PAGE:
Foundations of the information sciences

My academic work here covers two aspects.

First, I am interested in the kinds of theories, concepts and models used in the information sciences, and how theories are developed and used in the discipline. I have tried to examine conceptions of information in different domains, particularly philosophy, physics and biology, to see if lessons can be learnt, and useful insights gained, from this kind of comparison. This may mean drawing lessons for library/information science from ideas of information in the physical and biological sciences; but equally it may, and should, the work the other way, with LIS concepts informing other disciplines.

I like the idea that Luciano Floridi’s Philosophy of Information, and information ethics, may be the best conceptual basis for the library/information disciplines, and that it may give a solid foundation for studying issues such as privacy, and ethical behaviour on the internet.

I am also interested in the information disciplines themselves, and how they are changing in response to new technologies and new information environments; in particular how they can respond to current issues of fake news, and the post-factual society. My studies include the kind of research carried out in the information sciences, and also education for the library/information disciplines.

I use ideas derived from these studies in my teaching at CityLIS, where I lead the Research Methods and Communication course and the LIS Masters dissertation project, and contribute to a course on Foundations of Library and Information Science.

Examples of my recent publications in this area are:

D Bawden and L Robinson, Library and Information Science, in Encyclopedia of Communication Theory and Philosophy, K.B. Jensen, R.T. Craig, J.D. Pooley and E.W. Rothenbuhler (eds.), Wiley, 2016, vol.1 pp 1068-1073, online DOI 10.1002/9781118766804.wbiect113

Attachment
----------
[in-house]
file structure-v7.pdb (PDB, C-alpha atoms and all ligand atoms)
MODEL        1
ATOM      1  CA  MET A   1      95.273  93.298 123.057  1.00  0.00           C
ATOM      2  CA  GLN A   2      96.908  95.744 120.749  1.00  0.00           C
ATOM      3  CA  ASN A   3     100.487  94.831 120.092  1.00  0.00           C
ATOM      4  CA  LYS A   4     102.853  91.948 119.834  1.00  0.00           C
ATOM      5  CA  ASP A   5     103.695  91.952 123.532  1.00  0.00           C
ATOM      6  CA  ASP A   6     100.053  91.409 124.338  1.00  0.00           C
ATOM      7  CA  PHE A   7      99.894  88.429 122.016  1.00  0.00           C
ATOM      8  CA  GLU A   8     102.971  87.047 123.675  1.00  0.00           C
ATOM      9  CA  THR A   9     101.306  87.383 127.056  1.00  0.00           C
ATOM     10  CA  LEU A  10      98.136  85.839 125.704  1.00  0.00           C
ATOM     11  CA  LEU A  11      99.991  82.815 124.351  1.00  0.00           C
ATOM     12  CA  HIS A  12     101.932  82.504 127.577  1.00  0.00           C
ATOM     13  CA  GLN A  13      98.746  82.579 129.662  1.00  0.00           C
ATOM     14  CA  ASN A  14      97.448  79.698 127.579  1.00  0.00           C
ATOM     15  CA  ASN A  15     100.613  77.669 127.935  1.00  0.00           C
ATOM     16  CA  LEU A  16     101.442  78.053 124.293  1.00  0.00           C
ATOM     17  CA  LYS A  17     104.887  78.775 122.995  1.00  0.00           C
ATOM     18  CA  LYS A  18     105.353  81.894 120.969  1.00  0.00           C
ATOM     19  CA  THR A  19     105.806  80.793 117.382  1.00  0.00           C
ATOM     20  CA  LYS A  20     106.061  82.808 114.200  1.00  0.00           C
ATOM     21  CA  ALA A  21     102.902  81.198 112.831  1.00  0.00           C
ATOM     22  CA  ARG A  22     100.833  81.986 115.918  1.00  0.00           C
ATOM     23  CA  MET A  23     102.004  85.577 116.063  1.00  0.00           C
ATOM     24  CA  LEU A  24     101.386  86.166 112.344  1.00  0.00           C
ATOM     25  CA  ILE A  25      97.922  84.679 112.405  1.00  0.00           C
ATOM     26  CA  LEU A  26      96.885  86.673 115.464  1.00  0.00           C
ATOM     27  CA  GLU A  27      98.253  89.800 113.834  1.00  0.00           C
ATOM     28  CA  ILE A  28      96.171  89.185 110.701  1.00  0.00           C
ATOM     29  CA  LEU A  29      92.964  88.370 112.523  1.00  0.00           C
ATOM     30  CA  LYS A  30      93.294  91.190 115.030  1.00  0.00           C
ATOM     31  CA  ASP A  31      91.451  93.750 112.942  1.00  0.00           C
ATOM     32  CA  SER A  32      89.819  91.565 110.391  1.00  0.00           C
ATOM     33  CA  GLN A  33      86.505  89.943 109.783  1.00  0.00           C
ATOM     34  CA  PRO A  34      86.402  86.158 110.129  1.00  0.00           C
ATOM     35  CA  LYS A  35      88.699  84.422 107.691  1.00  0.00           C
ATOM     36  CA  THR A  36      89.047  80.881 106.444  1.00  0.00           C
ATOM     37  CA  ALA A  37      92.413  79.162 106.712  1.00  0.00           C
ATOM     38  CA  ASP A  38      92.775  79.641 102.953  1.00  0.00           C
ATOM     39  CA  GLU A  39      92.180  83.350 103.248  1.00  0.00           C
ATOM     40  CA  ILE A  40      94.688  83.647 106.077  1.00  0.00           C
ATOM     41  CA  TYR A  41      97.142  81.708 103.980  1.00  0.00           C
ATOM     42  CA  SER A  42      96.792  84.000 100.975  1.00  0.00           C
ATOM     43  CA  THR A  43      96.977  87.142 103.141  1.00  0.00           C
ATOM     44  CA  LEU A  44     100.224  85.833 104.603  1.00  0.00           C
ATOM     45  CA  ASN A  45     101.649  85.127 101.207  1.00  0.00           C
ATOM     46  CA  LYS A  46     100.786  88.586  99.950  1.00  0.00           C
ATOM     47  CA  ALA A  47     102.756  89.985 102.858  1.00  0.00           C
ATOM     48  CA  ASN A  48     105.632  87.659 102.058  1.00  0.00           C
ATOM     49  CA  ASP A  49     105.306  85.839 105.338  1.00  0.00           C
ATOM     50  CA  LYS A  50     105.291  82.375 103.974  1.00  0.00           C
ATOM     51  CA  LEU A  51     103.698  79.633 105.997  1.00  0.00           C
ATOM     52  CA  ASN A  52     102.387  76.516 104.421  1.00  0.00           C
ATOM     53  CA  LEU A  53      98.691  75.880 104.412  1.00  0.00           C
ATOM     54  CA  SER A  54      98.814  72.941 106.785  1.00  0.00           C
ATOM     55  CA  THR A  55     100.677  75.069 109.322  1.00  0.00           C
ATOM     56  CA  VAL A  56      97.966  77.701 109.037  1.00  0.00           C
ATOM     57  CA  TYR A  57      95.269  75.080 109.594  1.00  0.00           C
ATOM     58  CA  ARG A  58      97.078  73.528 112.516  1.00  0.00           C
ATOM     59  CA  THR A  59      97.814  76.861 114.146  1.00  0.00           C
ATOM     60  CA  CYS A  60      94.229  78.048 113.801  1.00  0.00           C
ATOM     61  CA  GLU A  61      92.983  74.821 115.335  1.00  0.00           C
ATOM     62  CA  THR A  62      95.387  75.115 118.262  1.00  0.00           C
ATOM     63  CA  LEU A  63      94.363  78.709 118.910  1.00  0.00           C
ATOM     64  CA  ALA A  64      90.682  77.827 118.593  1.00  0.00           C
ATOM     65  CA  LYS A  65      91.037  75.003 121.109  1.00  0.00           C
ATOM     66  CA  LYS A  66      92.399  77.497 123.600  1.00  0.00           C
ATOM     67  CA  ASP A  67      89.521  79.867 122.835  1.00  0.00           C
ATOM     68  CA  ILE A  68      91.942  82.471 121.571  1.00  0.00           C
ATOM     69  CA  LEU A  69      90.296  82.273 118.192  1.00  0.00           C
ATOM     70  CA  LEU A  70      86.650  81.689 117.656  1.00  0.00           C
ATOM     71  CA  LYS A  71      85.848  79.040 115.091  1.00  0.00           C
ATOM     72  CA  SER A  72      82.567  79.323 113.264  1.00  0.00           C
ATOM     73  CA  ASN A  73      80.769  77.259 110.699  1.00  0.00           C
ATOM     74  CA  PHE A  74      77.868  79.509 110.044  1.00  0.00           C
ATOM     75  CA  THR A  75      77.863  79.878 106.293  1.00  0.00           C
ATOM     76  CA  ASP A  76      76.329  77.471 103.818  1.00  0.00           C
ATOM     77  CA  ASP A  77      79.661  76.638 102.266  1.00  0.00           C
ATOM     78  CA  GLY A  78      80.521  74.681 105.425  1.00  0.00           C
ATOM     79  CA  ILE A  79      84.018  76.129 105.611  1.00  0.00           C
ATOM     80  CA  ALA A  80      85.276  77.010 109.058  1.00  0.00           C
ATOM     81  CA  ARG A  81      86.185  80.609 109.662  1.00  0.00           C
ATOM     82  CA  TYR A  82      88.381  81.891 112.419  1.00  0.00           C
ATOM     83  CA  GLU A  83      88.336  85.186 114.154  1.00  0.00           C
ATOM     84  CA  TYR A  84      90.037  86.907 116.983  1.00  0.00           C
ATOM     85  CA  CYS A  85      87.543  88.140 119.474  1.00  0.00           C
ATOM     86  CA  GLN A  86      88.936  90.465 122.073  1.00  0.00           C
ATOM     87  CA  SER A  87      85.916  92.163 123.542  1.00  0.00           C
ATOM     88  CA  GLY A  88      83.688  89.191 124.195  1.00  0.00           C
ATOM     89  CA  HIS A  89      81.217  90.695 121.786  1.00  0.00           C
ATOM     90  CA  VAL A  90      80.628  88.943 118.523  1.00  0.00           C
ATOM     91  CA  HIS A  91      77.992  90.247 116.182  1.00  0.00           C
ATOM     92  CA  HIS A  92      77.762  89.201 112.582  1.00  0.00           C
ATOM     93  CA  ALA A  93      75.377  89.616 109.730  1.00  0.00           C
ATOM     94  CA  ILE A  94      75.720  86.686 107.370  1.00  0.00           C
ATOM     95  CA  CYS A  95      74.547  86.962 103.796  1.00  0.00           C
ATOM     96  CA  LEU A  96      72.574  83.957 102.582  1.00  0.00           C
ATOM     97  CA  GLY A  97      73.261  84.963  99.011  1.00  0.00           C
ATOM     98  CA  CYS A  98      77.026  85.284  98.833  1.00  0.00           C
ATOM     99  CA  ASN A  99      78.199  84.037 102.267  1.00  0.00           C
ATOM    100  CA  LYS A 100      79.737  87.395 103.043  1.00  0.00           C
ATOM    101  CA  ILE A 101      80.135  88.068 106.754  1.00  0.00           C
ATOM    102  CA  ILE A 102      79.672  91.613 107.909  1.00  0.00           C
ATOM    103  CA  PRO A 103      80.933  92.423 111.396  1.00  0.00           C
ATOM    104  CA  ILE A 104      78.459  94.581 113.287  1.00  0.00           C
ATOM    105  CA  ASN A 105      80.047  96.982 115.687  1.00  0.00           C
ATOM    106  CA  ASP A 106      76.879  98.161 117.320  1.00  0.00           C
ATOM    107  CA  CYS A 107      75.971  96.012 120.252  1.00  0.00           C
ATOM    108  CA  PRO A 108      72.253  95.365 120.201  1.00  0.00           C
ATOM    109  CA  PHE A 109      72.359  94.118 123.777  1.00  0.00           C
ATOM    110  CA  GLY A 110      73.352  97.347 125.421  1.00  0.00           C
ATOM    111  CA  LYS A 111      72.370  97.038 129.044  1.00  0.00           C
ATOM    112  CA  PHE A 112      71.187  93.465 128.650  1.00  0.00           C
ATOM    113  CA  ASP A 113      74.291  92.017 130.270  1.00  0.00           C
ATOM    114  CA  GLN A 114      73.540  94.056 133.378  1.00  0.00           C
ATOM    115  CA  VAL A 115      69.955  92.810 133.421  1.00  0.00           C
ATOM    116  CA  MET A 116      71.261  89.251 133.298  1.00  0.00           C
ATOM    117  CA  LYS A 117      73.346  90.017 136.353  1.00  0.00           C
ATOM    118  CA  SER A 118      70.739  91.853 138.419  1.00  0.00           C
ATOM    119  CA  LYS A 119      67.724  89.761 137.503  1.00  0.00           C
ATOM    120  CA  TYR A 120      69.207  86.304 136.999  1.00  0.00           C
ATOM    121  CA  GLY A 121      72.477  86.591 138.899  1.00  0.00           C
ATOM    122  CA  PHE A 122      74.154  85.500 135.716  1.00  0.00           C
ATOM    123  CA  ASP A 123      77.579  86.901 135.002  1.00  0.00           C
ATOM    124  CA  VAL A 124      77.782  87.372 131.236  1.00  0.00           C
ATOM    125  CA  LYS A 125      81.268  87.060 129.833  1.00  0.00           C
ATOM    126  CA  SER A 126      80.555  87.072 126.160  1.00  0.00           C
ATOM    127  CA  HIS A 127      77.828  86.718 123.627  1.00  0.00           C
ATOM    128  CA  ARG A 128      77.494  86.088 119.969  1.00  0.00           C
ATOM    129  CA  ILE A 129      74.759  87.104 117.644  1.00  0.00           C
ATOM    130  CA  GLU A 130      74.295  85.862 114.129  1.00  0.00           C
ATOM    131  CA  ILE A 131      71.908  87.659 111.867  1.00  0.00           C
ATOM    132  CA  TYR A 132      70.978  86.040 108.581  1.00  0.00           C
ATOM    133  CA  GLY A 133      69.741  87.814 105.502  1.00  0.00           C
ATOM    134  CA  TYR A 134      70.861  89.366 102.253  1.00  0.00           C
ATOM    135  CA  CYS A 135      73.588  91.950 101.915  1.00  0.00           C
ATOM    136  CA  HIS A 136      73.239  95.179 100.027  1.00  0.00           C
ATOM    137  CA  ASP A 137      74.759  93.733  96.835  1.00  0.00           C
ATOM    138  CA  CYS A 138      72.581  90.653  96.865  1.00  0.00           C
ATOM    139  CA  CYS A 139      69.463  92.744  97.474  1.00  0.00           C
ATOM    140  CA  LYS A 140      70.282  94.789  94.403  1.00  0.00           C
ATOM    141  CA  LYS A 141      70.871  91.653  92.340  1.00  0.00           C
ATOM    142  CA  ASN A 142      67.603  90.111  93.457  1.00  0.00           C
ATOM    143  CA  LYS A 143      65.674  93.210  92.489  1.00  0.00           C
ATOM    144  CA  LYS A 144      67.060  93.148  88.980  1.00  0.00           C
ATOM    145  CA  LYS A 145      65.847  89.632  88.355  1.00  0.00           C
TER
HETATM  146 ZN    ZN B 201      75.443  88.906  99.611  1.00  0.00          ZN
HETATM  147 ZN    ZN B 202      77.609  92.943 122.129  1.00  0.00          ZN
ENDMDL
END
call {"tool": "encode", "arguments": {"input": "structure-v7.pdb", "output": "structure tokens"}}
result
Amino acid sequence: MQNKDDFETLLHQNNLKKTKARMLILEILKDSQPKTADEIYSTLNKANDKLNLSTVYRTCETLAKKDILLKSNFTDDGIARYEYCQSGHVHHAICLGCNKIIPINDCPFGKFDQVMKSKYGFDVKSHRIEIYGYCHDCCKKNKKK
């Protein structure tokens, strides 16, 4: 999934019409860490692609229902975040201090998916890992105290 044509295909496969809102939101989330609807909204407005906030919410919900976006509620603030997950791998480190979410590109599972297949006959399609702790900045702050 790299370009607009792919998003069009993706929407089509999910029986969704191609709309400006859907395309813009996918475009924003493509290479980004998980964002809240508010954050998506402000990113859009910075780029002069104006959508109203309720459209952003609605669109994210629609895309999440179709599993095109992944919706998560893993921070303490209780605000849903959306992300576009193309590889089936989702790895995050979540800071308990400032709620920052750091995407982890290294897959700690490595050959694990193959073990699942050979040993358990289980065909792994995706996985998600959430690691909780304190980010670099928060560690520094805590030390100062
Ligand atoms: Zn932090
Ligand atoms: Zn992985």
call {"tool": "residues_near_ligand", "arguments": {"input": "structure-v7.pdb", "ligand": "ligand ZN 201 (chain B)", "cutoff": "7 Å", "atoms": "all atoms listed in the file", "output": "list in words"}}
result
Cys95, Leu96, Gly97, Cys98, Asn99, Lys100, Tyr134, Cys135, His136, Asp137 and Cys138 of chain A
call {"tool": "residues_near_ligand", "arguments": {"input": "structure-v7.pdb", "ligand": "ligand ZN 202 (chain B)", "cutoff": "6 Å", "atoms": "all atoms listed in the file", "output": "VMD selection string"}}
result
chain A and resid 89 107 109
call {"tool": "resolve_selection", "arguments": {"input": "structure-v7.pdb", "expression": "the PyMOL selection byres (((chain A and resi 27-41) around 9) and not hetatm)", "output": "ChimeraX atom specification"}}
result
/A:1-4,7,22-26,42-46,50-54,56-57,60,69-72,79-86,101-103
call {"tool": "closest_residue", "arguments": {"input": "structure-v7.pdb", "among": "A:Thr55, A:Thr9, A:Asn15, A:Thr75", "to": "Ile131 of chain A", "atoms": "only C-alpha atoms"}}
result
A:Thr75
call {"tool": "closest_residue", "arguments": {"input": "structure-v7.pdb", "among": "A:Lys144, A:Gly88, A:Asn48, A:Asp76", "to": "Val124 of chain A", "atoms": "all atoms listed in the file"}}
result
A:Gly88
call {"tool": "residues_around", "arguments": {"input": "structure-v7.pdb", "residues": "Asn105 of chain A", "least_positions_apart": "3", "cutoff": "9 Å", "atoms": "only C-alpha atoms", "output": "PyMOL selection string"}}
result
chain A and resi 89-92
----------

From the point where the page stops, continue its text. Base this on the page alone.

D Bawden and L Robinson, Super-science, fundamental dimension, way of being: library and information science in an age of messages. In Information cultures in the digital age: a festschrift in honor of Rafael Capurro. M Kelly and J Bielby (eds). Wiesbaden: Springer VS, 2016, pp 31-43.

D Bawden, The noblest pleasure: theories of understanding in the information sciences, in Theory development in the information sciences, D.H. Sonnenwald (ed), Austin TX: University of Texas Press, 2016, pp 281-299

D Bawden and L Robinson, Information’s magic numbers: the numerology of information science, in Theories of Information and Scholarly Communication, CR Sugimoto (ed.), de Gruyter, Berlin, 2016, pp. 180-196

D Bawden and L Robinson, “Waiting for Carnot”: information and complexity, Journal of the Association for Information Science and Technology, 2015, 66(11), 2177-2186.

D Bawden and L Robinson, “A few exciting words”: information and entropy revisited, Journal of the Association for Information Science and Technology, 2015, 66(10), 1965-1987.

D Bawden, L Robinson and T Siddiqui, “Potentialities or possibilities”: Towards quantum information science?, Journal of the American Society for Information Science and Technology, 2015, 66(3), 437-449

D Bawden and L Robinson, “Deep down things”: in what ways is information physical, and why does it matter for LIS?, Information Research, 2013, 18(3), paper C03

L Robinson and D Bawden, Mind the gap: transitions between concepts of information in varied domains, in Theories of information, communication and knowledge: a multidisciplinary approach, Ibekwe-SanJuan, F. and Dousa, T. (eds.), Berlin: Springer, 2013, pp 121-141

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